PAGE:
Ufnar’s career got a major boost when she connected with pathologist Virginia Shepherd, the director of the Vanderbilt CSO. Early in her career, Shepherd attended a session at a scientific meeting at which a speaker proclaimed that scientists have an obligation to the public, which funds their research, to devote 4 hours a week to teaching. Shepherd was attracted to the idea, and today she devotes far more of her time to outreach at the Vanderbilt CSO, where she coordinates the efforts of 15 postdocs and graduate students who handle more than half a dozen different science outreach initiatives. “It started off very modestly, and now we have funding of around $1.5 million a year,” she says. In addition to directing the Vanderbilt CSO, Shepherd still runs her pathology lab and publishes in biochemistry and microbiology journals.

The work has given Shepherd and her protégés — including Vanags and Ufnar — an idea of the skills aspiring outreach workers need to communicate science to teachers and students. One key: laboratory experience. “Having worked in a lab really did help me because I was comfortable with the science,” Ufnar says, referring to her Ph.D. research in environmental toxicology at the University of Southern Mississippi in Hattiesburg. Another key, Shepherd says, is the ability to create partnerships. She points to NSF’s Graduate STEM Fellows in K-12 Education program, in which science graduate students commit to visiting a classroom on a weekly basis. “If I were going to hire somebody,” Shepherd says, “I’d certainly look to see if they’d been involved in leading a program or if they were involved in a program for training” during their scientific career.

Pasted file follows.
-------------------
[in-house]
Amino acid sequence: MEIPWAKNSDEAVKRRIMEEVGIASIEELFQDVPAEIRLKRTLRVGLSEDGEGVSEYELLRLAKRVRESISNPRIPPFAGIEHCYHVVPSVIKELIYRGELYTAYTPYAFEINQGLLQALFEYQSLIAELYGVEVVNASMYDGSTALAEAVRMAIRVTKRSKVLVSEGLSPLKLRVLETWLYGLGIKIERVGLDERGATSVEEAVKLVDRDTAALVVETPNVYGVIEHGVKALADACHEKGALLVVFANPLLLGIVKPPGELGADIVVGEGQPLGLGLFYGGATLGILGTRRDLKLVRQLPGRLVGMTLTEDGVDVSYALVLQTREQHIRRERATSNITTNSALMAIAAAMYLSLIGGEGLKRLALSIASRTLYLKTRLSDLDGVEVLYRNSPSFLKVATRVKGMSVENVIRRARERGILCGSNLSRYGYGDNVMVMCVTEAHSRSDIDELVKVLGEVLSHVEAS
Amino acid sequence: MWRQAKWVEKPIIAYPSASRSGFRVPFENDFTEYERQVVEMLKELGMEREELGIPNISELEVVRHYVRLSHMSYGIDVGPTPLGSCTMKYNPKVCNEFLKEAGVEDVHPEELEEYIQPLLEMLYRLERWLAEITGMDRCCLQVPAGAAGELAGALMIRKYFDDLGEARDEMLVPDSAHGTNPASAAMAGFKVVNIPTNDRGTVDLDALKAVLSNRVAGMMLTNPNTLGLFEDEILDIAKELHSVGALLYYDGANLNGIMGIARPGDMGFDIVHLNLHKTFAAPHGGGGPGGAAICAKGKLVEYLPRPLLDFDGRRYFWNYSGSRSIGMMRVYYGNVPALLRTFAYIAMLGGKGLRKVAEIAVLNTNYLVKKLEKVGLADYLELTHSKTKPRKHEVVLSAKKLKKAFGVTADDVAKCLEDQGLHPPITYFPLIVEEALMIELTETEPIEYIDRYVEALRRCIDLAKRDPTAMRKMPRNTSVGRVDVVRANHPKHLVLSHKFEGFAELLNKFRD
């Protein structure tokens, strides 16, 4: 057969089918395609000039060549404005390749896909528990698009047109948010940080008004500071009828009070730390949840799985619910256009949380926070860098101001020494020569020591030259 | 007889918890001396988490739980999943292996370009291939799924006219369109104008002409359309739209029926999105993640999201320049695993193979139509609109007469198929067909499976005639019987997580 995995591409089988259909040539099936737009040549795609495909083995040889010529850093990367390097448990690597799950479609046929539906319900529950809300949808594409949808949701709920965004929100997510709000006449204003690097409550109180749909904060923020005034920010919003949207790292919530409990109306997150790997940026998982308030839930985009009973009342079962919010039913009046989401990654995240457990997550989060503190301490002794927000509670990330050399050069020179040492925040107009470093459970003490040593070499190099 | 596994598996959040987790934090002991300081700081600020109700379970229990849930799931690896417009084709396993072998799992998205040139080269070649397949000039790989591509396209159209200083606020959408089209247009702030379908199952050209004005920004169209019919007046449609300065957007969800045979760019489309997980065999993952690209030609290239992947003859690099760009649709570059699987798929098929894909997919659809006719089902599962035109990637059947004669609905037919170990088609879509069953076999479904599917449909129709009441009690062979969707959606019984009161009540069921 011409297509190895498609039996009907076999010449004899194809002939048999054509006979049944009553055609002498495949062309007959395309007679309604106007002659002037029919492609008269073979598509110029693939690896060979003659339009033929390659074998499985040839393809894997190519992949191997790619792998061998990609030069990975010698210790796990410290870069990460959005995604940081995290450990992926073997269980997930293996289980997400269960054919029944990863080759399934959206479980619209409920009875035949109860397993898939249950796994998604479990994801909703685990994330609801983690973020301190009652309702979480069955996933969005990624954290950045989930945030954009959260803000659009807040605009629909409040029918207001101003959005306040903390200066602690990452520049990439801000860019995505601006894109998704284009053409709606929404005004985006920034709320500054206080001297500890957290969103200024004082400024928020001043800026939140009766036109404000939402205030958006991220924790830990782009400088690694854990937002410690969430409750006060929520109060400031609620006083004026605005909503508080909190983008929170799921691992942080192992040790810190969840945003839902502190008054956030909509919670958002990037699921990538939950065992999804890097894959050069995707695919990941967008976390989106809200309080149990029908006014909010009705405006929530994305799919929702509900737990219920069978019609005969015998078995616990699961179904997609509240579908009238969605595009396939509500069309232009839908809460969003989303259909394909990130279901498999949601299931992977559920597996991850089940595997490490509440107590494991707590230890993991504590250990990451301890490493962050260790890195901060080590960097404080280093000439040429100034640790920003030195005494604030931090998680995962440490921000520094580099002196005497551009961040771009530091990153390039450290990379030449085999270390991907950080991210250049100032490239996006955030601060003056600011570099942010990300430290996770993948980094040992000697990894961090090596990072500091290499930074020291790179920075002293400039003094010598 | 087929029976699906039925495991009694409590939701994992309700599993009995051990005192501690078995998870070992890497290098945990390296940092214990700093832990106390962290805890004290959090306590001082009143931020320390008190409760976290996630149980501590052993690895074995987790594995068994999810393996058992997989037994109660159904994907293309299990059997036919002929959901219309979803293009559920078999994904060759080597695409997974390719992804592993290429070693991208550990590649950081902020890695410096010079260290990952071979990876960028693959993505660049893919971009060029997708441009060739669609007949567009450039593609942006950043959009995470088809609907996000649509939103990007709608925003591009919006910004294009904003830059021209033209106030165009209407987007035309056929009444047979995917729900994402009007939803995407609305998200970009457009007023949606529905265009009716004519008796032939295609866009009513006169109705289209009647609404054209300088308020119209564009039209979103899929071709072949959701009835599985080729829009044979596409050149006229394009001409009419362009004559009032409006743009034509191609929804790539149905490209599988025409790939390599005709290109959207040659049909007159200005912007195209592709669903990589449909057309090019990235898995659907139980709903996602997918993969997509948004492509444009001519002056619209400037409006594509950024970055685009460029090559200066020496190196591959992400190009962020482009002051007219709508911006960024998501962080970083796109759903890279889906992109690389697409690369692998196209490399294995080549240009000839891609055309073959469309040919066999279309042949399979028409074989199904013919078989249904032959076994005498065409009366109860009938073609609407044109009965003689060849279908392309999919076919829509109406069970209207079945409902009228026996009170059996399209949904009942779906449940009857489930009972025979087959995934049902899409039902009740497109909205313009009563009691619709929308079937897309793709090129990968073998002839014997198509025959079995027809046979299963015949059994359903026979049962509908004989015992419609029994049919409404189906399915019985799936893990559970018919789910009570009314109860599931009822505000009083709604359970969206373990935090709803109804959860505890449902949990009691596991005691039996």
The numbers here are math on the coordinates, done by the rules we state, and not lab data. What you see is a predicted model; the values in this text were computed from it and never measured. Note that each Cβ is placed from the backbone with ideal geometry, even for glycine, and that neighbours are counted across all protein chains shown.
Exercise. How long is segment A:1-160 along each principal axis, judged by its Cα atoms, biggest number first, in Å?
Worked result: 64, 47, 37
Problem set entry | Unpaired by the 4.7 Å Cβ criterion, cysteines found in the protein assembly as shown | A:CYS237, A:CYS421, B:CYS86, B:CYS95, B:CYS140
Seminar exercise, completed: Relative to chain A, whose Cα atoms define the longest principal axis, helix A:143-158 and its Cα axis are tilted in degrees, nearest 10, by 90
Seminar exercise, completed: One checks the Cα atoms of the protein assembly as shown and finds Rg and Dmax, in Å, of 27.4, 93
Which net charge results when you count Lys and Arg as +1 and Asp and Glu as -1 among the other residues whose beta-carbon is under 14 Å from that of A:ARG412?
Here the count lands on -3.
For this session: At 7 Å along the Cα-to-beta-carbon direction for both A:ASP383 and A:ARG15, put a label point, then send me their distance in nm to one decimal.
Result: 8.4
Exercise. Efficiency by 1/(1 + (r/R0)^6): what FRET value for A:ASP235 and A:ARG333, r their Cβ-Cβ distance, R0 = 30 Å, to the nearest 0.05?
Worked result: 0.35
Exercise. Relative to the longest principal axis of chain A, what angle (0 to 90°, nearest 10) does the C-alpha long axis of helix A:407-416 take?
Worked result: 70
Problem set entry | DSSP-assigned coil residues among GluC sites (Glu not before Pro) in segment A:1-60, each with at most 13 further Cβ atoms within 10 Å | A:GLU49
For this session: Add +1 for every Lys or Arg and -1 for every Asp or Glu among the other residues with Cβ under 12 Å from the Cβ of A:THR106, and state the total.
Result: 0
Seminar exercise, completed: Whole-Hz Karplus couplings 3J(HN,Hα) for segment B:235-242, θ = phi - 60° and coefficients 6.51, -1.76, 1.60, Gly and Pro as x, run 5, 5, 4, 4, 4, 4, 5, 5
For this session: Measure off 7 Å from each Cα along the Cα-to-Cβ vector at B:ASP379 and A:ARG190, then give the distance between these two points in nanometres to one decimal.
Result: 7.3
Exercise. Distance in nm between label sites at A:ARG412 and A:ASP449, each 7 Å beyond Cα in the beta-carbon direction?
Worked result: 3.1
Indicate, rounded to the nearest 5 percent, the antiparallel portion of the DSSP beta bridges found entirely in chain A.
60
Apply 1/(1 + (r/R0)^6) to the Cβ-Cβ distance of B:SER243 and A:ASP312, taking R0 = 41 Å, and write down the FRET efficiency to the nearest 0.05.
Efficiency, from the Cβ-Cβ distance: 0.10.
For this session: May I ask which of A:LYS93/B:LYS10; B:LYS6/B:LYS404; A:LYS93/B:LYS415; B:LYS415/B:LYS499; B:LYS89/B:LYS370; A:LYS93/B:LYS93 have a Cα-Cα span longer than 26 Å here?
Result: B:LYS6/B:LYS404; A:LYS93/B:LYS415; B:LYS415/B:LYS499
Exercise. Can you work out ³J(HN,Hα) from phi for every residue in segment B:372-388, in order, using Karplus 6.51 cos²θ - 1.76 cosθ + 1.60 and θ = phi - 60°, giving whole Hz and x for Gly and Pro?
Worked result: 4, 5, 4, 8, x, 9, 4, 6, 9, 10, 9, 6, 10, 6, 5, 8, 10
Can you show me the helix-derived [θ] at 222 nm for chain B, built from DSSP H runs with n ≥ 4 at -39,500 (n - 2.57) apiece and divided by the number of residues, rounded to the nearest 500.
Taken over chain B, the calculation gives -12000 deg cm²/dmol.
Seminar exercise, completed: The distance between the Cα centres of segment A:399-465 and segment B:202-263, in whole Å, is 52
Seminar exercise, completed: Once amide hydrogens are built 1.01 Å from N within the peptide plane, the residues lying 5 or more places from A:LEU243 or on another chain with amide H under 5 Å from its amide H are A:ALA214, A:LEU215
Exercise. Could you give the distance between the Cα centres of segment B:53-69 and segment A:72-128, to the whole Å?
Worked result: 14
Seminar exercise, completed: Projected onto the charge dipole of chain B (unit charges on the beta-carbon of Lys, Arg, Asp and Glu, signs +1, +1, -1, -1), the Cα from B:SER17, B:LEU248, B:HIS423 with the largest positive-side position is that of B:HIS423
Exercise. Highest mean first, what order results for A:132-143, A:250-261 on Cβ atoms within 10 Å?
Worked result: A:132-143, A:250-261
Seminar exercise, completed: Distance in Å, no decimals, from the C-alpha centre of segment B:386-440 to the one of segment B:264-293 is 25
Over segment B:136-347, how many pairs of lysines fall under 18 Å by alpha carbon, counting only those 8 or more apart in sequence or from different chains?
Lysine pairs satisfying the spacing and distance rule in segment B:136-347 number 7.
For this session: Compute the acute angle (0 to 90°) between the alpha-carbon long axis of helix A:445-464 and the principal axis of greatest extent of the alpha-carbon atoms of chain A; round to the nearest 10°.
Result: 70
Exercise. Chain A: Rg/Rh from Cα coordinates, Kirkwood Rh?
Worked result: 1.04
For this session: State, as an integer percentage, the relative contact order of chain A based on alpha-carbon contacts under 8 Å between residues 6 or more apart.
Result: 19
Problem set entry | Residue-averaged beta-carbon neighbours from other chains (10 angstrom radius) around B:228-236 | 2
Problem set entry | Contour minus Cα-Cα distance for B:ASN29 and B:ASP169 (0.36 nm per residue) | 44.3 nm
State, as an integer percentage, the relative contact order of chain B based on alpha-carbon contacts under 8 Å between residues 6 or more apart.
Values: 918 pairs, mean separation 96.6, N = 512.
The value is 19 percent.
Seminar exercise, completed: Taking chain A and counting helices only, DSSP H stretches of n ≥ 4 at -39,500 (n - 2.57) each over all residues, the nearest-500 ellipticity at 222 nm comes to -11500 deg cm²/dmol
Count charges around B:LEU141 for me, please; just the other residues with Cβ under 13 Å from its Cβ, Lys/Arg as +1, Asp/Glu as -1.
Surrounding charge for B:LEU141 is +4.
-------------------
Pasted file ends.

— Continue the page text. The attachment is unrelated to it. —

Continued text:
Ufnar also teaches in Vanags’s high school program, brings schoolteachers into her water-contamination lab at Vanderbilt to teach them how to do research, and teaches at a nearby community college. A portion of her time is spent writing grant proposals, for her research in water contamination and to support her outreach efforts. “I do everything a traditional scientist would do, just in the outreach field,” Ufnar says. She hopes eventually to take the skills she is accumulating at Vanderbilt to another university, directing her own outreach center and forging closer links between the research community and the public.

Getting started

It’s possible to earn an advanced degree in science communication, but most scientists interested in outreach begin with small steps out of the laboratory. The ready availability of volunteer work makes it possible to try before you buy. For a one-time taste of outreach that doesn’t require a long-term commitment, Hickley suggests looking for a nearby science festival to see if they could use volunteers.

“With educational outreach, contacting the outreach center on campus is the perfect first step,” Ufnar says, adding that outreach officers would usually be delighted to utilize volunteer help from a grad student or postdoc. Even undergraduates can volunteer in outreach, as Ufnar did when she was still an undergrad.